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Gareth's Tips, Tools, and Shop Tales - Issue #34
Andrew's Whackin' Post
My pal, Andrew Lewis, has a video on YouTube showing how he turned a log into a metalworking station. I love everything about this.
Using Drywall Tape Instead of "Granny Grating"
This is likely useful only for those who do game modeling (like me), dioramas, scale-modeling, model trains, and the like. In a recent Black Magic Craft video on building fuel tanks for gaming terrain, Jeremy shares something I've never heard of. Instead of using needle point mesh (a.k.a. "granny grating") to simulate industrial decking (a traditional practice), use drywall mesh tape. Among other things, the diameter of the threads is more scale-appropriate. Granny grating has always seemed too big to me and is somewhat difficult to work with.
Pull-Down Ceiling Shop Storage
If space in your shop is at a premium, especially if you have exposed rafters, consider building a set of attic-stair-like storage shelves that you can pull down from the ceiling to access. There are numerous versions of this project online. Here is the build on Woodshop Junkies.
How Label Makers Work
Sean Ragan reminded me how much I love (and still use) my ancient Brother PT-65 label maker in a recent Cool Tools video as he compared it to his newer, swankier P-touch PT-D210. The next day, I ran into this video, where BigClive takes apart a tape on his swanky new Brother PT-E300VP printer to figure out how the printing works. Fascinating stuff. In the process of this explorations, Clive reveals something very interesting about the cartridges used in these printers. They basically retain a copy (in negative) of the printing -- on the black film part of the tape that carries the printing "ink." So, if you take one of these spent carts apart, you'll see everything that was printed out on that cartridge. Office snoops, take note!
Finding the Center of a Dowel/Rod with Sandpaper?
Emory Kimbrough writes: "Here’s a method for finding the center of a dowel or any solid rod that will fit into a drill or drill-press chuck. Besides the drill or drill press, it uses only sandpaper. A lot of center-finding methods that use pencil-and-straightedge geometry or store-bought center-finding gizmos become hard to use and inaccurate on small-diameter rods, but this method excels with the skinny little workpieces.
"Just place the rod into the drill chuck and spin the end of the rod against the sandpaper. The sandpaper will scratch a bulls-eye pattern of concentric circles in the rod’s end, revealing the center. Center-punch the bulls-eye and you’re ready to drill into the cylinder’s axis.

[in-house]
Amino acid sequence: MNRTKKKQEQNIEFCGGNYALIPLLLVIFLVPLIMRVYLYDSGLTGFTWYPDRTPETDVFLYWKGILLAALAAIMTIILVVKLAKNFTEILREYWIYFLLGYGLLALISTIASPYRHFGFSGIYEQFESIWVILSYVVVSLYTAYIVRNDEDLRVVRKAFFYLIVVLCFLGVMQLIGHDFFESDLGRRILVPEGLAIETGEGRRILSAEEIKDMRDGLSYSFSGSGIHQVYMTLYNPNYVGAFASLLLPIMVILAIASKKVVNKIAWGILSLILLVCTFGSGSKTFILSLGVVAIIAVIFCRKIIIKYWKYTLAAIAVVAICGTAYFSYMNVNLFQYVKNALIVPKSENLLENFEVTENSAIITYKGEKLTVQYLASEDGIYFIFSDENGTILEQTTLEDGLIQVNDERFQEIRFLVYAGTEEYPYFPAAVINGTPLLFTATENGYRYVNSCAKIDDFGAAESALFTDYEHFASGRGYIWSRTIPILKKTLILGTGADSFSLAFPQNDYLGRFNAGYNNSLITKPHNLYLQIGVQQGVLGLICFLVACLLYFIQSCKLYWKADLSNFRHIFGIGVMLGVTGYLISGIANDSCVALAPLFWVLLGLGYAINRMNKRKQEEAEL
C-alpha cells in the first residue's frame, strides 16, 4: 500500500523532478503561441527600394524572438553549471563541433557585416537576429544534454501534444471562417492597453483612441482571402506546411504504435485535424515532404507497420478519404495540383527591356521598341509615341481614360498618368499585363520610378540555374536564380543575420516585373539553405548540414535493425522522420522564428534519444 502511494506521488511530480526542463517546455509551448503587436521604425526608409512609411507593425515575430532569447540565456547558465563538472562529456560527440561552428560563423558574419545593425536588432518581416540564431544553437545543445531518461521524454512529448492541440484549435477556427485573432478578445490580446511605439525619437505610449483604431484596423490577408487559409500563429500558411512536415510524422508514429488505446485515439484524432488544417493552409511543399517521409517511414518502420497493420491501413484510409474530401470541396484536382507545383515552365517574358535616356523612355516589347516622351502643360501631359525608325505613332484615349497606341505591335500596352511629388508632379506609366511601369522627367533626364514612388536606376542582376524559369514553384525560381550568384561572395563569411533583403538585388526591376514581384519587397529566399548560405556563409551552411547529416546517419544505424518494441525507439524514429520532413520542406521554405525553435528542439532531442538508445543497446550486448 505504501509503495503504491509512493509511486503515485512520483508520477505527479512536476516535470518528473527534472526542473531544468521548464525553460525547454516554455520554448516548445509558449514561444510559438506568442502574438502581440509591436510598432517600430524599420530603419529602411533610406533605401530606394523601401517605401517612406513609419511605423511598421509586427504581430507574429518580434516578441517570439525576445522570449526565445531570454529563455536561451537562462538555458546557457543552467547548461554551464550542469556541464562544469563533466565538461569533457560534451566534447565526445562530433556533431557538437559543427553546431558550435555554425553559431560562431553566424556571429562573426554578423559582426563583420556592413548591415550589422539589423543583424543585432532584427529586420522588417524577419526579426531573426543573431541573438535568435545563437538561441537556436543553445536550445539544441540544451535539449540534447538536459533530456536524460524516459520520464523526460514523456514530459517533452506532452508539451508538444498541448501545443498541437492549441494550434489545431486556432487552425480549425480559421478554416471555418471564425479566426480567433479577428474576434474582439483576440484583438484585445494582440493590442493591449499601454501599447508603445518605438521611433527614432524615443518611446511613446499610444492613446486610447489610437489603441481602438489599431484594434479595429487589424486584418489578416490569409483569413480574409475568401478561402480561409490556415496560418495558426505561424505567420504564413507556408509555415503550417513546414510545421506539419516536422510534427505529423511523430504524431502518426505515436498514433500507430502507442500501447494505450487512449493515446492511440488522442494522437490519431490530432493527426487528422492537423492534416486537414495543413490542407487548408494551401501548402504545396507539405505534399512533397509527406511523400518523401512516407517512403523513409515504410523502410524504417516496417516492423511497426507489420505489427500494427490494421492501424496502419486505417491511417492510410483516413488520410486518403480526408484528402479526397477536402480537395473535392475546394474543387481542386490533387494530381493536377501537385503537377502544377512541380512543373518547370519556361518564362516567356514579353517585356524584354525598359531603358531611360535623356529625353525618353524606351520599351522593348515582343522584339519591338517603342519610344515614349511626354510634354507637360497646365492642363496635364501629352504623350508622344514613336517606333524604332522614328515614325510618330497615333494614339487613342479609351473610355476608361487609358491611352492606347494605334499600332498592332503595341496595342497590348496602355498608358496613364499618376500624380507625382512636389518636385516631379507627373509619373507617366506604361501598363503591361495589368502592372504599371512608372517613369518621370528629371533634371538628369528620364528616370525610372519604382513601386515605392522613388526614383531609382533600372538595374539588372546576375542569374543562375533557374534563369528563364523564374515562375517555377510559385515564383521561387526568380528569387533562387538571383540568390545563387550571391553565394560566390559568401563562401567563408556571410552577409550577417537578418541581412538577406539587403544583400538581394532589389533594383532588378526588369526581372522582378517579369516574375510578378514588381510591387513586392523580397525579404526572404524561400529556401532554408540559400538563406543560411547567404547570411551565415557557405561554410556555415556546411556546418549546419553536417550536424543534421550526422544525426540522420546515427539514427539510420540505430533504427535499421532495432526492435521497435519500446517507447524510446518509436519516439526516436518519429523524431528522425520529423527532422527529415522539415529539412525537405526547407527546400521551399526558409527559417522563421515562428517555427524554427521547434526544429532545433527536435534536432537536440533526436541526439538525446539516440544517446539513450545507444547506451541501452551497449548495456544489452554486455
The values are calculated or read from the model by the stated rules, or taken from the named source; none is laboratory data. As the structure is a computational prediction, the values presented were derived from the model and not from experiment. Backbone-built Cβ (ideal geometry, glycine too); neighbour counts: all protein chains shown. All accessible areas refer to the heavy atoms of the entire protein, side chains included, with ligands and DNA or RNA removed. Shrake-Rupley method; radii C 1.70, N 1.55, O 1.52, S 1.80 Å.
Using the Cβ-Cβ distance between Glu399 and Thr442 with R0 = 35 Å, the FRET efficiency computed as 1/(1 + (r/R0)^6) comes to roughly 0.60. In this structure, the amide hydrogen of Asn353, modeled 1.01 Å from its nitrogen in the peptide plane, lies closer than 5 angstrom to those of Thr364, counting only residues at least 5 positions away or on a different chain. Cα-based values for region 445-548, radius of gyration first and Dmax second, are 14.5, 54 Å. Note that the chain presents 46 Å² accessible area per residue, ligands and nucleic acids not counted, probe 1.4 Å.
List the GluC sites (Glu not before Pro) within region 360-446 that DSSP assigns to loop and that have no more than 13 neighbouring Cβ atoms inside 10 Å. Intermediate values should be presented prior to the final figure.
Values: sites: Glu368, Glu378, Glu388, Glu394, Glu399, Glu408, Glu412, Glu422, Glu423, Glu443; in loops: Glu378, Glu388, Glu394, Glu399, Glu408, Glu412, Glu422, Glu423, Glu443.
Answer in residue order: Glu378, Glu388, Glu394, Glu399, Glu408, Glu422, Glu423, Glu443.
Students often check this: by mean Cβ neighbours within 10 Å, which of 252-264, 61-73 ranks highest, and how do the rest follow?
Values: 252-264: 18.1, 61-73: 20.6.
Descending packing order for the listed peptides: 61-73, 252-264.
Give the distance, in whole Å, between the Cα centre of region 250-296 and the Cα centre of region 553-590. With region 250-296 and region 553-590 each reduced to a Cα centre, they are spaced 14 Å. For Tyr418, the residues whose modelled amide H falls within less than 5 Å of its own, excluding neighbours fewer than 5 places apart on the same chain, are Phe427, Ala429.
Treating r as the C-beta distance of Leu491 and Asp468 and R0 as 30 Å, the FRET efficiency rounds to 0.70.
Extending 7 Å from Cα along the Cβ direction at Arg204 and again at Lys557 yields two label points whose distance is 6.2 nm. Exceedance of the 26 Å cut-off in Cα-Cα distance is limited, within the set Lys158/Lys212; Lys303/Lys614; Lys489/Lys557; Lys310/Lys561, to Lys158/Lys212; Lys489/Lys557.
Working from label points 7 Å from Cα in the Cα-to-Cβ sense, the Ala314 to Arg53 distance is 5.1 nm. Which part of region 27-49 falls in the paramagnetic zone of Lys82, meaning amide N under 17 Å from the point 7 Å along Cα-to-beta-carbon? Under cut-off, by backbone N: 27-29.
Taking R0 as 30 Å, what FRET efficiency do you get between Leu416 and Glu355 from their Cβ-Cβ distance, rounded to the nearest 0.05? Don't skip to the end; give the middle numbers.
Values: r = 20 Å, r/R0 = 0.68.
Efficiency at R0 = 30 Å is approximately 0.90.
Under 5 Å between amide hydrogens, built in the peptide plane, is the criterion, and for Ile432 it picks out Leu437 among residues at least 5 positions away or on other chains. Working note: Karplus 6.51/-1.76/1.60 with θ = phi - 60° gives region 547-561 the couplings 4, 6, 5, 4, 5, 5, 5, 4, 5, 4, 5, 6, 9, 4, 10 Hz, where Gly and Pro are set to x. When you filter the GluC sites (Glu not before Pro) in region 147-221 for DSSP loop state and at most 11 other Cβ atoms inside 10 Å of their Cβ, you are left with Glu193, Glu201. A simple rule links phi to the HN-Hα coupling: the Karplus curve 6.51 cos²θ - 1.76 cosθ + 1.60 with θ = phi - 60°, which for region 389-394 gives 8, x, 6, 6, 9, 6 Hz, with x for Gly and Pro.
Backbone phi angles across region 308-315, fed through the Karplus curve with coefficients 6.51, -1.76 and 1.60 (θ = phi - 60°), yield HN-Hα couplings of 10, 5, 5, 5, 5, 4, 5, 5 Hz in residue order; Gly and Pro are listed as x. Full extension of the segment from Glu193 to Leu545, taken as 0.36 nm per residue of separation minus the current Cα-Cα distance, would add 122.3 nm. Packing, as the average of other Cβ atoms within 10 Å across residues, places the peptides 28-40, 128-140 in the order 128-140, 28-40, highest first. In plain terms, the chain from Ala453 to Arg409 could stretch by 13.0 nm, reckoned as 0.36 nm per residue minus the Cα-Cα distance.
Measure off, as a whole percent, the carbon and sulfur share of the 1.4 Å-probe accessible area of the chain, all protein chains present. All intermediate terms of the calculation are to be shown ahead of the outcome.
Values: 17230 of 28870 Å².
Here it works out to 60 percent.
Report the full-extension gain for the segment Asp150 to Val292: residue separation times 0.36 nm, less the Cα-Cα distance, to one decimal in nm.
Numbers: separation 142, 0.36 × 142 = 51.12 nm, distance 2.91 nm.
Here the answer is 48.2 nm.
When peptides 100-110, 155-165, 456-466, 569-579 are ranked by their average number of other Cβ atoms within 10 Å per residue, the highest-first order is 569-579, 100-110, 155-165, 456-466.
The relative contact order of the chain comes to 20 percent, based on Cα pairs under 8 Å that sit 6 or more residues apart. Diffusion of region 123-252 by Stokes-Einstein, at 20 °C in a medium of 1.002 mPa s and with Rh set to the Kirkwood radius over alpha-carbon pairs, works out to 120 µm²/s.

"This works for both wooden and metal rods. If the concentric rings aren’t as distinct as you’d like, try a different grit of sandpaper. In the left photo above, some ½” aluminum round stock is being spun in a drill press against some coarse sandpaper glued to a wooden block. In the right photo, you can see the concentric circles sanded into a wooden dowel."
Making a Heat-Bent Cable Rack
My fellow HackSpace contributor, Bob Knetzger, sent me images of this wall-mounted cable organizer that he built from thermoformed (heat-bent) plastic. This was featured as a project in HackSpace #22 [free PDF]. Cutting files are there too (under the "Download resources" link).
Must-See Maker TV: DIY Perks
Over my decades of covering hardware hacking and DIY tech, I've written a number of articles and seen countless other articles and videos on what to do with dead or obsolete computers. This piece on DIY Perks, about re-purposing laptop parts, has more clever, cool, and downright useful project ideas than I ever could have imagined. Turning the mic into a headset mic, turning speakers into wall-mounted speakers, making a wall-projecting laser VU meter from a dead hard drive. Wall lights, illuminated picture frames, fan-cooled LED work lights (seen above), a light table, USB battery chargers -- so many great ideas!
Gareth’s Tips, Tools, and Shop Tales is published by Cool Tools Lab. Check out the Cool Tools website, the Cool Tools podcast, YouTube channel, and their other two newsletters, What’s in my bag? and Recomendo.